Dubai: MeznSat, the UAE’s first environmental nano-satellite built by students, has successfully sent its first decoded signal to the satellite’s ground station at American University in Ras Al-Khaimah (AURAK) at 1.41am (UAE time) on Tuesday, following its successful launch on Monday afternoon from Plesetsk Cosmodrome in Russia.
Dr Abdel Halim Jallad, supervisor of MeznSat project at AURAK, said in a statement sent to Gulf News: “We are very pleased with our success in receiving the first signal from the satellite during its passage through UAE airspace early this (Tuesday) morning. As per the first signs, the satellite is in good condition and the batteries are well charged.”
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The signal is an indication that the miniature satellite — built to study climate change, detect greenhouse gas concentrations in the Arabian Gulf region — is “healthy and alive”.
Dr Jallad continued: “We have also succeeded in transmitting back a signal that the satellite successfully received and acknowledged. This is an encouraging indicator that the satellite is progressing on its mission. The passage of the satellite today in UAE’s airspace was successful.”
The team at AURAK is expecting to get the next signal from MeznSat on Wednesday afternoon during its next orbital passage. They will then get more information and move forward to the next and most important stage, which is the commissioning of rotation and ensuring the stability of the satellite’s orbit and angular speed.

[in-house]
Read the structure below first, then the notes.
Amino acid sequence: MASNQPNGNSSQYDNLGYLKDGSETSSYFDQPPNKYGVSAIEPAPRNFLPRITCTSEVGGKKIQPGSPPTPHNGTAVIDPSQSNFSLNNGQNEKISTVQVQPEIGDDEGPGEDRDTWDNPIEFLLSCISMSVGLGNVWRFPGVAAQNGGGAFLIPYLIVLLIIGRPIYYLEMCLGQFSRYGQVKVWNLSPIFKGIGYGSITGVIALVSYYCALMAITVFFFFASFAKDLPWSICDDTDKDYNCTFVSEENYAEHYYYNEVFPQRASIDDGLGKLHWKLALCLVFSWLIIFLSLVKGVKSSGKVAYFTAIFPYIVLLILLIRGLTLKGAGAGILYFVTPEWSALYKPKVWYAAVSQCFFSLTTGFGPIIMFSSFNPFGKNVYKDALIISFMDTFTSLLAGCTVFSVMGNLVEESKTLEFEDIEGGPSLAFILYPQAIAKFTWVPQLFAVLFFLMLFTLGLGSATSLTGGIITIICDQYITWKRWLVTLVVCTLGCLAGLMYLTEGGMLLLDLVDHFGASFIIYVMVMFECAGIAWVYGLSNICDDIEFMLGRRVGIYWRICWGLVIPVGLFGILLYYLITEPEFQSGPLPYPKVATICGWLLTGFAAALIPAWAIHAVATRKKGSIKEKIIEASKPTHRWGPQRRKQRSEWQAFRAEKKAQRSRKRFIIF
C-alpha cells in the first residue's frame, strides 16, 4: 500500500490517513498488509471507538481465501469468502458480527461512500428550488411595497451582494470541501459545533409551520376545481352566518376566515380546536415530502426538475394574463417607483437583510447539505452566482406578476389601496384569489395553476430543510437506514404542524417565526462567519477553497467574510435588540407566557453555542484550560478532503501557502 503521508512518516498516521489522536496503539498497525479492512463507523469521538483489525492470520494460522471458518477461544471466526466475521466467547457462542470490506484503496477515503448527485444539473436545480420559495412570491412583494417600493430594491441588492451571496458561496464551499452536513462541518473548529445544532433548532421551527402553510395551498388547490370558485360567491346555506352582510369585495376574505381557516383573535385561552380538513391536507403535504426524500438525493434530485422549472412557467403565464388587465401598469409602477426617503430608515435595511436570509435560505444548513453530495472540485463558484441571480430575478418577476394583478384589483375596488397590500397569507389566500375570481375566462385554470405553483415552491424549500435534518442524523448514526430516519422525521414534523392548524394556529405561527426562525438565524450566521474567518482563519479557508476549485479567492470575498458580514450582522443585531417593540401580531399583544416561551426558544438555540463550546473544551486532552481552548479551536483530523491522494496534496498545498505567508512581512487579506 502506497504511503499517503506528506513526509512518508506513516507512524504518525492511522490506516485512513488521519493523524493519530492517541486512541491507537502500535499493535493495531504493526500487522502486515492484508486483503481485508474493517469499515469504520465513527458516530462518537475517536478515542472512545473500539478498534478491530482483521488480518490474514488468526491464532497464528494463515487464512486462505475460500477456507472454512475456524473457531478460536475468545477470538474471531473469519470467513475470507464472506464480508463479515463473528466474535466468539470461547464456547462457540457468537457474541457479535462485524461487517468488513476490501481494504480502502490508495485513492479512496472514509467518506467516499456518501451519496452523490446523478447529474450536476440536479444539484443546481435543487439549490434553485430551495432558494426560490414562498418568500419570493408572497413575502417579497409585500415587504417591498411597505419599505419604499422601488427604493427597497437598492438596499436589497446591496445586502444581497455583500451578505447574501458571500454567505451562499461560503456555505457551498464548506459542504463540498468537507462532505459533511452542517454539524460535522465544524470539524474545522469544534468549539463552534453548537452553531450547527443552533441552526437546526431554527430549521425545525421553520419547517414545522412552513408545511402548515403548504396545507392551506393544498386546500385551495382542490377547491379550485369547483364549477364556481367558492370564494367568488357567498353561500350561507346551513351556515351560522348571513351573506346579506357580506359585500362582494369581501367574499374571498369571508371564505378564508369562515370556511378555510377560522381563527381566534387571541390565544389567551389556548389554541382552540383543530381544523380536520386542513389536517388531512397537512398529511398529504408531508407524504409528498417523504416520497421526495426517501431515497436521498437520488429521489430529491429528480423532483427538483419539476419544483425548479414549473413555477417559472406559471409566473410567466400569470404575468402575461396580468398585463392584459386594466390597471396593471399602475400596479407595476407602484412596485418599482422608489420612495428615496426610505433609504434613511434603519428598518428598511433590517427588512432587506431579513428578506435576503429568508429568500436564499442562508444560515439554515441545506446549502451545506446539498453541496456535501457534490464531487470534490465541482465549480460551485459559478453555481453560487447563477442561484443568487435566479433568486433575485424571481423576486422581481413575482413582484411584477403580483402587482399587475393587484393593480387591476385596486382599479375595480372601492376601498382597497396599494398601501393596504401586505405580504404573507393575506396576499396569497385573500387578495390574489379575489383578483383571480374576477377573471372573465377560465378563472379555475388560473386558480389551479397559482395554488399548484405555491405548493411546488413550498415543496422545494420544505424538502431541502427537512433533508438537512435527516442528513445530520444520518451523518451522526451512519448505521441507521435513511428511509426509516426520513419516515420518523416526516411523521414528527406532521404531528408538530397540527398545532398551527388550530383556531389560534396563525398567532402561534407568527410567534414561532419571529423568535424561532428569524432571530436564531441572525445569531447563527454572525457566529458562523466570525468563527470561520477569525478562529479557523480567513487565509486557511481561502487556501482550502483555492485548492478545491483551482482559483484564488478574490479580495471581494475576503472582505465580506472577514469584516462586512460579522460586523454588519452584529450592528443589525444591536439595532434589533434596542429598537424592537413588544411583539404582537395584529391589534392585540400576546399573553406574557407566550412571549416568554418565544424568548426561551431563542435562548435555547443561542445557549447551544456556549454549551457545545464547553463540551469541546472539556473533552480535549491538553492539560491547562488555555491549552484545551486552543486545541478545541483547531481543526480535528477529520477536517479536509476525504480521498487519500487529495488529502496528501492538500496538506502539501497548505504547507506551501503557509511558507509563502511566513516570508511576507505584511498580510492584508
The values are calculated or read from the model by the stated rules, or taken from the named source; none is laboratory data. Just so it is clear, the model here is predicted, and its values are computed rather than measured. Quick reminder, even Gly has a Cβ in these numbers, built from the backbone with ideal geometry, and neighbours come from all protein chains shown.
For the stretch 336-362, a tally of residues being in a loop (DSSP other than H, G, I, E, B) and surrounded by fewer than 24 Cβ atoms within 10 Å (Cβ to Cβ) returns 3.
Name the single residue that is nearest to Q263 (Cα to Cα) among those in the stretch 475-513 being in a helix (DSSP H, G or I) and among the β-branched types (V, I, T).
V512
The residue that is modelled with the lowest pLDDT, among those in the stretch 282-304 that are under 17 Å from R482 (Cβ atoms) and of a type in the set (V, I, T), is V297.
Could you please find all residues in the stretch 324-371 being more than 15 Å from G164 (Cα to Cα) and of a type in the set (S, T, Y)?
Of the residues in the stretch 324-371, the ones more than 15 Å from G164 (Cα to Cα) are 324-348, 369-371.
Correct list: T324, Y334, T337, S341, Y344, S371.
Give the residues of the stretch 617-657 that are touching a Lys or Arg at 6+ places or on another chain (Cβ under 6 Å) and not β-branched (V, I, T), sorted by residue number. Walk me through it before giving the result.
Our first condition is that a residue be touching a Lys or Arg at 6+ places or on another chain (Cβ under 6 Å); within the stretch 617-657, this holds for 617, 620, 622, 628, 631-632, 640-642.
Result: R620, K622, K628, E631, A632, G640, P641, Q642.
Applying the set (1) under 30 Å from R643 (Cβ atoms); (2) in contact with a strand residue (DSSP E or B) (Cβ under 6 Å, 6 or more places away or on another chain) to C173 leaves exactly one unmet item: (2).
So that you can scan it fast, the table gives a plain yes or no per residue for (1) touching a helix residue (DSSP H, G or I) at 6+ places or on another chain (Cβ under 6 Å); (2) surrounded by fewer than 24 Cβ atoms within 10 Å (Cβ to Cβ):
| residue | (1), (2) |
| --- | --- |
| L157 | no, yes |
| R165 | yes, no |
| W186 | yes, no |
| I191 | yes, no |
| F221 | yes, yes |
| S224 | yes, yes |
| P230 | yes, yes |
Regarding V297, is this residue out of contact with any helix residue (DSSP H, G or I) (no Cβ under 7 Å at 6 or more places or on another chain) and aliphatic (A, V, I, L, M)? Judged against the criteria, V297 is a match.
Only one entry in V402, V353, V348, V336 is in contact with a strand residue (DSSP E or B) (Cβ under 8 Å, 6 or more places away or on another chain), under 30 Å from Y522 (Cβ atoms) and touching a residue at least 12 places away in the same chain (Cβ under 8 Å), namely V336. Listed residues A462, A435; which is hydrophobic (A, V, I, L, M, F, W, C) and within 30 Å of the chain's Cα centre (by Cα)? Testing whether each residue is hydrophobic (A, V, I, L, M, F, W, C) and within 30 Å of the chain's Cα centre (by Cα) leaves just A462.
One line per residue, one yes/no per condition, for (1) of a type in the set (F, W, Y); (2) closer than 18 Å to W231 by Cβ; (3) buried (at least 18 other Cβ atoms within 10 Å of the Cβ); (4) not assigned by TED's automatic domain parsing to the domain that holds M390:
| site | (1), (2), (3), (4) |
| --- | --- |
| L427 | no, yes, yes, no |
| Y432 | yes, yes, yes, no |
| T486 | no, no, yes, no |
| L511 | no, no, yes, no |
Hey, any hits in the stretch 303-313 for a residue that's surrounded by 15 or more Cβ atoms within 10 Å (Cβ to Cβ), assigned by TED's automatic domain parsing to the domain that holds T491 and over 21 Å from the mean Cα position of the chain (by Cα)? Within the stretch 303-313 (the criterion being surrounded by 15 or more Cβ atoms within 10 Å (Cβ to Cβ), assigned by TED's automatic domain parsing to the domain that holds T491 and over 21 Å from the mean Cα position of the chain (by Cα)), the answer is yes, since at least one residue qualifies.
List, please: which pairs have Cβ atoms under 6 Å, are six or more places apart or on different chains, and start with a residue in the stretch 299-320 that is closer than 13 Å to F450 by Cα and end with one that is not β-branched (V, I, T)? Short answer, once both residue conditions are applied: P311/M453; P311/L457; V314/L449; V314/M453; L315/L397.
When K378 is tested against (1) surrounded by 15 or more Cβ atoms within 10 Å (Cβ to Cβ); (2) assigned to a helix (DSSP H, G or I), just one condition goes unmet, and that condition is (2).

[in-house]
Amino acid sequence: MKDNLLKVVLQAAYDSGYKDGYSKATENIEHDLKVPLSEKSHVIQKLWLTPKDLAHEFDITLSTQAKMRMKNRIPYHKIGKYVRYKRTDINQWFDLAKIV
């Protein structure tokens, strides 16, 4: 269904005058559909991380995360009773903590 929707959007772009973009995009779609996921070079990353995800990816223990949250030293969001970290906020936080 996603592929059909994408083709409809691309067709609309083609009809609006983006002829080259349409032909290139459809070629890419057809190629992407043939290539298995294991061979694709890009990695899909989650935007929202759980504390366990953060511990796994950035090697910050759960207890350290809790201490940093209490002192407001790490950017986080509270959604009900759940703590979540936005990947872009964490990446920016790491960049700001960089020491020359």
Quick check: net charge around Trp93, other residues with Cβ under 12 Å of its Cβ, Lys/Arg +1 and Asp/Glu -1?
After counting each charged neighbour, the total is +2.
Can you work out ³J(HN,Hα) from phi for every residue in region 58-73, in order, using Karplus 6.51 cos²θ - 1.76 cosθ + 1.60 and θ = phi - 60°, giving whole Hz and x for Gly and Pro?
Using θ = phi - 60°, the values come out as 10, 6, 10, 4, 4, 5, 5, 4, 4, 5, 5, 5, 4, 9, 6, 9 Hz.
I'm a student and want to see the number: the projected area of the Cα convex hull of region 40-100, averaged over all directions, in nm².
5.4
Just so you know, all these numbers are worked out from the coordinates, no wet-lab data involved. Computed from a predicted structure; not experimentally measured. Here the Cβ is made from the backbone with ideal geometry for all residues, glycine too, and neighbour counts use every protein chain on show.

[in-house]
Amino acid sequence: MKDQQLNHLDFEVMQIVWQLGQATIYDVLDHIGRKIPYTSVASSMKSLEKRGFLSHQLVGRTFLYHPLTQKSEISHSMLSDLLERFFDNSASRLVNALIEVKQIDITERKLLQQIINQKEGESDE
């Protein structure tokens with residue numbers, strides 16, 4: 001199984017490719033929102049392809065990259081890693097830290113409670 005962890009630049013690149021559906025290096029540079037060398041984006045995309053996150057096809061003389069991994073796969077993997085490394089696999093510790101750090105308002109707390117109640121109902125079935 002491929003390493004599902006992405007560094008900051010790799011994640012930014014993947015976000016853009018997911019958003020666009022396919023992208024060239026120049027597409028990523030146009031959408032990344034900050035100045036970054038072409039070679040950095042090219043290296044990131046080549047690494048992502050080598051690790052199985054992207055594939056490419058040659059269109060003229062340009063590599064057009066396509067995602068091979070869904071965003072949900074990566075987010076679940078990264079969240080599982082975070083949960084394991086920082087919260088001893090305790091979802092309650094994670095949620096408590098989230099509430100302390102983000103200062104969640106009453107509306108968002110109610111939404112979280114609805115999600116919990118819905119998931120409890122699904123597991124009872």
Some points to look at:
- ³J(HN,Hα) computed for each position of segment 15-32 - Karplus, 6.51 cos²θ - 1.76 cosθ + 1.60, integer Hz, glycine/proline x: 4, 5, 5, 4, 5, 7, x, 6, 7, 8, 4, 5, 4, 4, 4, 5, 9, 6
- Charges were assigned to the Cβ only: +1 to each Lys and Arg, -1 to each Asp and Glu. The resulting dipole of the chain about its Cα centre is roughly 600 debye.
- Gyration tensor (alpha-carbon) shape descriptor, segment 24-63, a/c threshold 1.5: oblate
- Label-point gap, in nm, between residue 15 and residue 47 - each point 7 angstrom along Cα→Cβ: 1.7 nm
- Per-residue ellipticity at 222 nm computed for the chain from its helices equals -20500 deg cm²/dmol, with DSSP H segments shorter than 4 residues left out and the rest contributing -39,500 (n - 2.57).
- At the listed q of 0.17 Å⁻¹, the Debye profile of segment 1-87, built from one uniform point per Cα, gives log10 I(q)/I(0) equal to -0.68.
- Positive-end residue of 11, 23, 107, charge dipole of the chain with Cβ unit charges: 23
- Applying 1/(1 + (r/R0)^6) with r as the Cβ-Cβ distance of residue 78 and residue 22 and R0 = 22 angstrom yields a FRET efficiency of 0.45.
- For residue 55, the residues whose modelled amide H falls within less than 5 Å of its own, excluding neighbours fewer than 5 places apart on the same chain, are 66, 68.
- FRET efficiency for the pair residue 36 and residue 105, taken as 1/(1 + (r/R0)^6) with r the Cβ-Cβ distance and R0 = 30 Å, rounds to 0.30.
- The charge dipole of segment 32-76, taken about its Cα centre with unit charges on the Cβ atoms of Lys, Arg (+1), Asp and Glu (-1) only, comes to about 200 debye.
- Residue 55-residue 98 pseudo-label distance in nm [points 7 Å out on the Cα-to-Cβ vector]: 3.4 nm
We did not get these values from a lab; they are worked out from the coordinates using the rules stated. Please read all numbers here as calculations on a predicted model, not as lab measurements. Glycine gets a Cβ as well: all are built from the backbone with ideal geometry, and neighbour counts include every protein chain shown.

MeznSat, a three-unit CubeSat, was successfully launched on Monday at 3.20pm (UAE time) aboard a Russian Soyuz 2.1b rocket from Plesetsk Cosmodrome, a Russian spaceport located 800km north of Moscow.
Three-unit CubeSat, measuring 10X10X30cm with a 2.7kg payload (including an infrared spectrometer and RGB camera), will orbit the Earth 565km above sea level on a mission expected to last three years.
The ground station at AURAK, manned by its students, will monitor the satellite’s movements, collect data and analyse them in cooperation with UAE Space Agency and Khalifa University of Science and Technology (KUST). The AURAK satellite ground station is also designed to communicate with other satellites in the orbit.
Its mission is to enrich scientific research and boost space-related activities while studying greenhouse gases and the red tide phenomenon in the UAE. Specifically, MeznSat will study methane and carbon dioxide concentrations in the atmosphere.
Dr Jallad said: “The satellite was completely designed and manufactured by students from AURAK, who prepared the ground station as well, developed a work plan and manufactured all the parts of the satellite — including the special camera and receiving station. This MeznSat project has been a journey for the students, both in an educational sense and in terms of their own personal development, and I know that each of them will go on to achieve their career goals, as they are an intelligent and hard-working group. The project looks to support young Emiratis in developing the skill-sets that are necessary for the UAE’s ambitious National Space Programme and its future projects.”